Photonic Quantum Engineering - Research
Group leader: Prof. Dr. Kai Mueller
research focusses on the photonic quantum engineering of building
blocks which are essential for all areas of quantum science and
technology. This spans the entire range from fundamental quantum
optical studies over the development of devices to demonstrator
experiments. At its heart lies investigating the light-matter
interaction in nanostructures in order to tailor it for emerging
applications in quantum communication, quantum simulation, quantum
metrology and quantum sensing. Specific research areas are:
optics with semiconductor nanostructures
light-matter interactions for quantum technologies requires a
detailed understanding of the underlying quantum materials as well as
the development of novel quantum-optical techniques and protocols.
Therefore, we perform quantum-optical experiments on a variety of
quantum emitters and optically-active spin qubits such as
semiconductor quantum dots, color centers in diamond, quantum
emitters in atomically thin transition metal dichalcogenides or
rare-earth ions. Moreover, we develop novel quantum-optical
techniques for example for the generation of non-classical light or
the ultrafast optical coherent control of qubits.
Examples of investigated material systems. Left: Semiconductor Quantum Dot.
Right: Monolayer transition metal dichalcogenide embedded in a microcapacitor.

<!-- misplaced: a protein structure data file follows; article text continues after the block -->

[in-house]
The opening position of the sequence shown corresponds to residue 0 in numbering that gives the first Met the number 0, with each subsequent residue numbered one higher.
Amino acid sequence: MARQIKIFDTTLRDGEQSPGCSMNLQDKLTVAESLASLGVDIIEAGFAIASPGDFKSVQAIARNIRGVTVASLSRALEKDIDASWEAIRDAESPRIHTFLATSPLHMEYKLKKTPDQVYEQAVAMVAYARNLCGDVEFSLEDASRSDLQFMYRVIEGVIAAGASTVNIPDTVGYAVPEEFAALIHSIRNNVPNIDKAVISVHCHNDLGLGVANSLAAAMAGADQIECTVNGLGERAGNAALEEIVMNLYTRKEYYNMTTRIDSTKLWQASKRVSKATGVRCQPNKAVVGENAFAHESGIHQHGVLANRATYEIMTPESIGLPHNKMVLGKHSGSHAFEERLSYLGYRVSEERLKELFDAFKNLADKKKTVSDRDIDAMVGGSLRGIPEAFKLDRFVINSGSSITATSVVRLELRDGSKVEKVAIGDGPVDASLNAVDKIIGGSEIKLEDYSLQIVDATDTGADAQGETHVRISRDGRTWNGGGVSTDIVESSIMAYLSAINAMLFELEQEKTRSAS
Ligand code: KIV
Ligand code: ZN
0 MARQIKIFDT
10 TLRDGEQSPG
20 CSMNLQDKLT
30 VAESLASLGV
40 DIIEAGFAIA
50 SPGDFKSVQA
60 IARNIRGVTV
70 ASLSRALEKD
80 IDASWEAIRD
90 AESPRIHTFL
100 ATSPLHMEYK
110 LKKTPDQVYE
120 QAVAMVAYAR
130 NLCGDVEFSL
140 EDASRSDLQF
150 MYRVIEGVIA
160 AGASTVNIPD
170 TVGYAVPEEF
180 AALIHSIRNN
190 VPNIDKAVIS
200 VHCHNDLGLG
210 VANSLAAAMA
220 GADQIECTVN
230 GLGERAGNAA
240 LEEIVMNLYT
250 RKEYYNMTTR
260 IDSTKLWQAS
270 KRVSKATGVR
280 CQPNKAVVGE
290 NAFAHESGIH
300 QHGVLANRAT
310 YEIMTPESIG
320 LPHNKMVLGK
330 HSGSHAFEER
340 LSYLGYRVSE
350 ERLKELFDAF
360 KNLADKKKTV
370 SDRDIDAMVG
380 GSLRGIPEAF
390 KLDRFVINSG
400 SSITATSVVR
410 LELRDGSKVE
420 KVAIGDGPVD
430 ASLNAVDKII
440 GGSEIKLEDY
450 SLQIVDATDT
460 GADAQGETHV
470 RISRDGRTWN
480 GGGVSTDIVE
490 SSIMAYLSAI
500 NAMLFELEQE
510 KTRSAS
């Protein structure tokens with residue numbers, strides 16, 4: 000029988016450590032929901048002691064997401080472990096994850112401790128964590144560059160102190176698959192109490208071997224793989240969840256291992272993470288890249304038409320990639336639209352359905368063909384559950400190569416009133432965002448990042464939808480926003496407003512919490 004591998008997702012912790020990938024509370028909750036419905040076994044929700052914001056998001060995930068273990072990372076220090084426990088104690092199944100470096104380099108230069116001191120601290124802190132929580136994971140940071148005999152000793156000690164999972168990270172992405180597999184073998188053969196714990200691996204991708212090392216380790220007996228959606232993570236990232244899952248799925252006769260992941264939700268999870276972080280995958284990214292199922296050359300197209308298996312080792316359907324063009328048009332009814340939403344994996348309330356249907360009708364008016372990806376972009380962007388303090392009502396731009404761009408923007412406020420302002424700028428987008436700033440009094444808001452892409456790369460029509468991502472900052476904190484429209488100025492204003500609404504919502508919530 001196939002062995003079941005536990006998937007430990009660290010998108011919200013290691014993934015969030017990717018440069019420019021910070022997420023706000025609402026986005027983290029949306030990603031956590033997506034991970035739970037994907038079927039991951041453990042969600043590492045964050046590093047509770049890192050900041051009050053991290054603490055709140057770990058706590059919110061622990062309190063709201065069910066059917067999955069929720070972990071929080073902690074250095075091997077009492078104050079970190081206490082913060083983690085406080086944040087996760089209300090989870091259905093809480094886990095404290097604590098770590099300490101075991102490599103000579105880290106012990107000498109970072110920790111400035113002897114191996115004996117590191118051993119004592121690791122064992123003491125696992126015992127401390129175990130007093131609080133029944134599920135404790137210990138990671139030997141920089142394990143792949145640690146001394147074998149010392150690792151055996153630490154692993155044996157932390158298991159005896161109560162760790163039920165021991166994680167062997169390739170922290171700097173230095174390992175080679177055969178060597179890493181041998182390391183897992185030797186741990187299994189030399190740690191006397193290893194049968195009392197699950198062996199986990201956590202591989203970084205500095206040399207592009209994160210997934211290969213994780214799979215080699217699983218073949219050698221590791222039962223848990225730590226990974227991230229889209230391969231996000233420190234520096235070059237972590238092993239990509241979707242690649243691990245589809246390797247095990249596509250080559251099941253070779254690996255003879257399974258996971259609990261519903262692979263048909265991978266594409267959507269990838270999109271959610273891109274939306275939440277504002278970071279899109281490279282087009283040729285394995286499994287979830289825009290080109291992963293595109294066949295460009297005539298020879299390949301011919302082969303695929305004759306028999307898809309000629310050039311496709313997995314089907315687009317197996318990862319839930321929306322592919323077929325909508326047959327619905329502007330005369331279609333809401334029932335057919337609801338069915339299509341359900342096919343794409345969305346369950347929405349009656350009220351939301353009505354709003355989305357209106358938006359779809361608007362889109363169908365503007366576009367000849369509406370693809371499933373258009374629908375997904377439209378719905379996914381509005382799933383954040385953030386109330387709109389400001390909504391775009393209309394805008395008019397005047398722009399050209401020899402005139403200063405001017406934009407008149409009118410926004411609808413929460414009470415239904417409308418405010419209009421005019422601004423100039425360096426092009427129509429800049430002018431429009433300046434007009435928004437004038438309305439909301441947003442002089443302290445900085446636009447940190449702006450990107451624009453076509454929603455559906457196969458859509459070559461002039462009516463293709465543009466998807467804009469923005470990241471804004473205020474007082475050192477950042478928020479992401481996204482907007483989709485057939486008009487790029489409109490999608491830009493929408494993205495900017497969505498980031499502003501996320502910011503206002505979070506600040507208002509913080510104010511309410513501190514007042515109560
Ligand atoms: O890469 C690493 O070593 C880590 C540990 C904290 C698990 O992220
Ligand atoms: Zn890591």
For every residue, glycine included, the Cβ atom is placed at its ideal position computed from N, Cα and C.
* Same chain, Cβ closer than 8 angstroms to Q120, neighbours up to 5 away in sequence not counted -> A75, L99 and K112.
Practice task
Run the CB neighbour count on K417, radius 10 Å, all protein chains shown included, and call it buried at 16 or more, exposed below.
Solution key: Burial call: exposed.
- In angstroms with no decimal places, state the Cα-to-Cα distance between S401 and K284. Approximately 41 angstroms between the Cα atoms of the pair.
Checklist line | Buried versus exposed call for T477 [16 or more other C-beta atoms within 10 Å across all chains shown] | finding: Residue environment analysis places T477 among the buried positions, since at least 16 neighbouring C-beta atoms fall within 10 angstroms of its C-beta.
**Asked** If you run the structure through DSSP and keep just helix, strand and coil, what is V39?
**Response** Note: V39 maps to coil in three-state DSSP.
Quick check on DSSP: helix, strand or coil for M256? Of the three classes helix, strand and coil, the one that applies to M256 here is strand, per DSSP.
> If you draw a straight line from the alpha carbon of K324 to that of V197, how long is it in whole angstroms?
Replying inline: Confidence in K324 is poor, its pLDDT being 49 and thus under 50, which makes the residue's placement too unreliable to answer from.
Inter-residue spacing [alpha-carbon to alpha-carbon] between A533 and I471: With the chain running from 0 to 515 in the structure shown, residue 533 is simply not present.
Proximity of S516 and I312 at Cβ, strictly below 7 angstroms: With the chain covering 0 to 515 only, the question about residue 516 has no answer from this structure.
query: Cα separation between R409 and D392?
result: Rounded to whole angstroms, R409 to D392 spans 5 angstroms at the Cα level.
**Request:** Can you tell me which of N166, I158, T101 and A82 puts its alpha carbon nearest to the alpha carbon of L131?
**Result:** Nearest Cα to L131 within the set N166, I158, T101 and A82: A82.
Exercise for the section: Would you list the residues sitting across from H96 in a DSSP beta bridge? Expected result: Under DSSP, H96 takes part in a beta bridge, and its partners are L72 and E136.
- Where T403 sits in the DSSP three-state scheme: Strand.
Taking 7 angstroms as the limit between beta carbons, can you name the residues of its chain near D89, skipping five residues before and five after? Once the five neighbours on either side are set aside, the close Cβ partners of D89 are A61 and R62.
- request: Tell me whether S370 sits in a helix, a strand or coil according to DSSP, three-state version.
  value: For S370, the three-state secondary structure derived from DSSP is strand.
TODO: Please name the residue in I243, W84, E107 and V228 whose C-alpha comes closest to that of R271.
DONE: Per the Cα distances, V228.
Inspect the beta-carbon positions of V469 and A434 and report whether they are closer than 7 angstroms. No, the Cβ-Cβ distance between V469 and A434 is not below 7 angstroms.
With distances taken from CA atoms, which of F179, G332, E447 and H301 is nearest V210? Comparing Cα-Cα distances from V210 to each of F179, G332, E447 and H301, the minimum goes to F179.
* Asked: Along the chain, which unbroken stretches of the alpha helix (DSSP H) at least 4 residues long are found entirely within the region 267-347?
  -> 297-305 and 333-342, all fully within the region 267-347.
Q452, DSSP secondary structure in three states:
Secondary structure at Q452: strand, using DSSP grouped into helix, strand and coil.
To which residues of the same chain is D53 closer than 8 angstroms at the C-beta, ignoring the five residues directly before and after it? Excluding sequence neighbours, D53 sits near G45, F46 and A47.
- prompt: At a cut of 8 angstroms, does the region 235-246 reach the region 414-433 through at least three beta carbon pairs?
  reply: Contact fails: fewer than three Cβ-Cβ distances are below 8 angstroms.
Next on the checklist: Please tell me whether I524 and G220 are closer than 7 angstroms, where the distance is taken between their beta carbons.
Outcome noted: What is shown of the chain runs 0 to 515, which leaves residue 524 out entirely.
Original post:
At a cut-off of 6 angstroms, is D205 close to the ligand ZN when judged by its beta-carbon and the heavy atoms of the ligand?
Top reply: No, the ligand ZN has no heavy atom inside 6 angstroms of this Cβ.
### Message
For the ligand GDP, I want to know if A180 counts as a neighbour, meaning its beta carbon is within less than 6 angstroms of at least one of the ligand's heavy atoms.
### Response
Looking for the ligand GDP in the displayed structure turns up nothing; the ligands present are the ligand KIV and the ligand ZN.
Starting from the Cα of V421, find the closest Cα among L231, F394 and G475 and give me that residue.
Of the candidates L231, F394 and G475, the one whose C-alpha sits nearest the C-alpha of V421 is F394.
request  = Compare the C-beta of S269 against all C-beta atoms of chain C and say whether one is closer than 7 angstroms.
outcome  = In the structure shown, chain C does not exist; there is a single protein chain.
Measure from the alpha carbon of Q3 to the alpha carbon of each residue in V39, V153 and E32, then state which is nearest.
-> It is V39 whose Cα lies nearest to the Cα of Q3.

order to enhance the light-matter interaction and for efficient
photonic interfacing of quantum emitters and optically-active spin
qubits we embed them into nanophotonic resonators and circuits. Here,
we actively perform research on engineering a variety of structures,
such as photonic crystals, micropillar resonators, bullseye
resonators and waveguides based on a variety of material systems such
as III-V semiconductors, diamond and silicon nitride.
Photonic Quantum Technologies
quantum technologies require the combination of several building
blocks. To these ends, we are developing fully fiber-coupled quantum
modules which can then conveniently combined to enable a variety of
applications. Such modules are realized by building on the best
suitable quantum materials and nanophotonic structures. Examples of
the modules we are developing include non-classical light sources,
spin-photon interfaces, single-photon detectors and quantum memories.
Quantum Photonic Circuits
addition to modular distributed quantum technologies, different
building blocks, such as sources, gates and detectors can also be
integrated into chip-scale quantum photonic circuits to enable novel
functionality. Here, a particular emphasis of our research is to
investigate material systems, techniques and protocols which promise
gratefully acknowledge funding from the Federal Ministry of Education
and Research (BMBF), the German Science Foundation (DFG), the Munich
Center for Quantum Science and Technology (MCQST), the Bavarian
Academy of Sciences and Humanities (BAdW) and the European Union.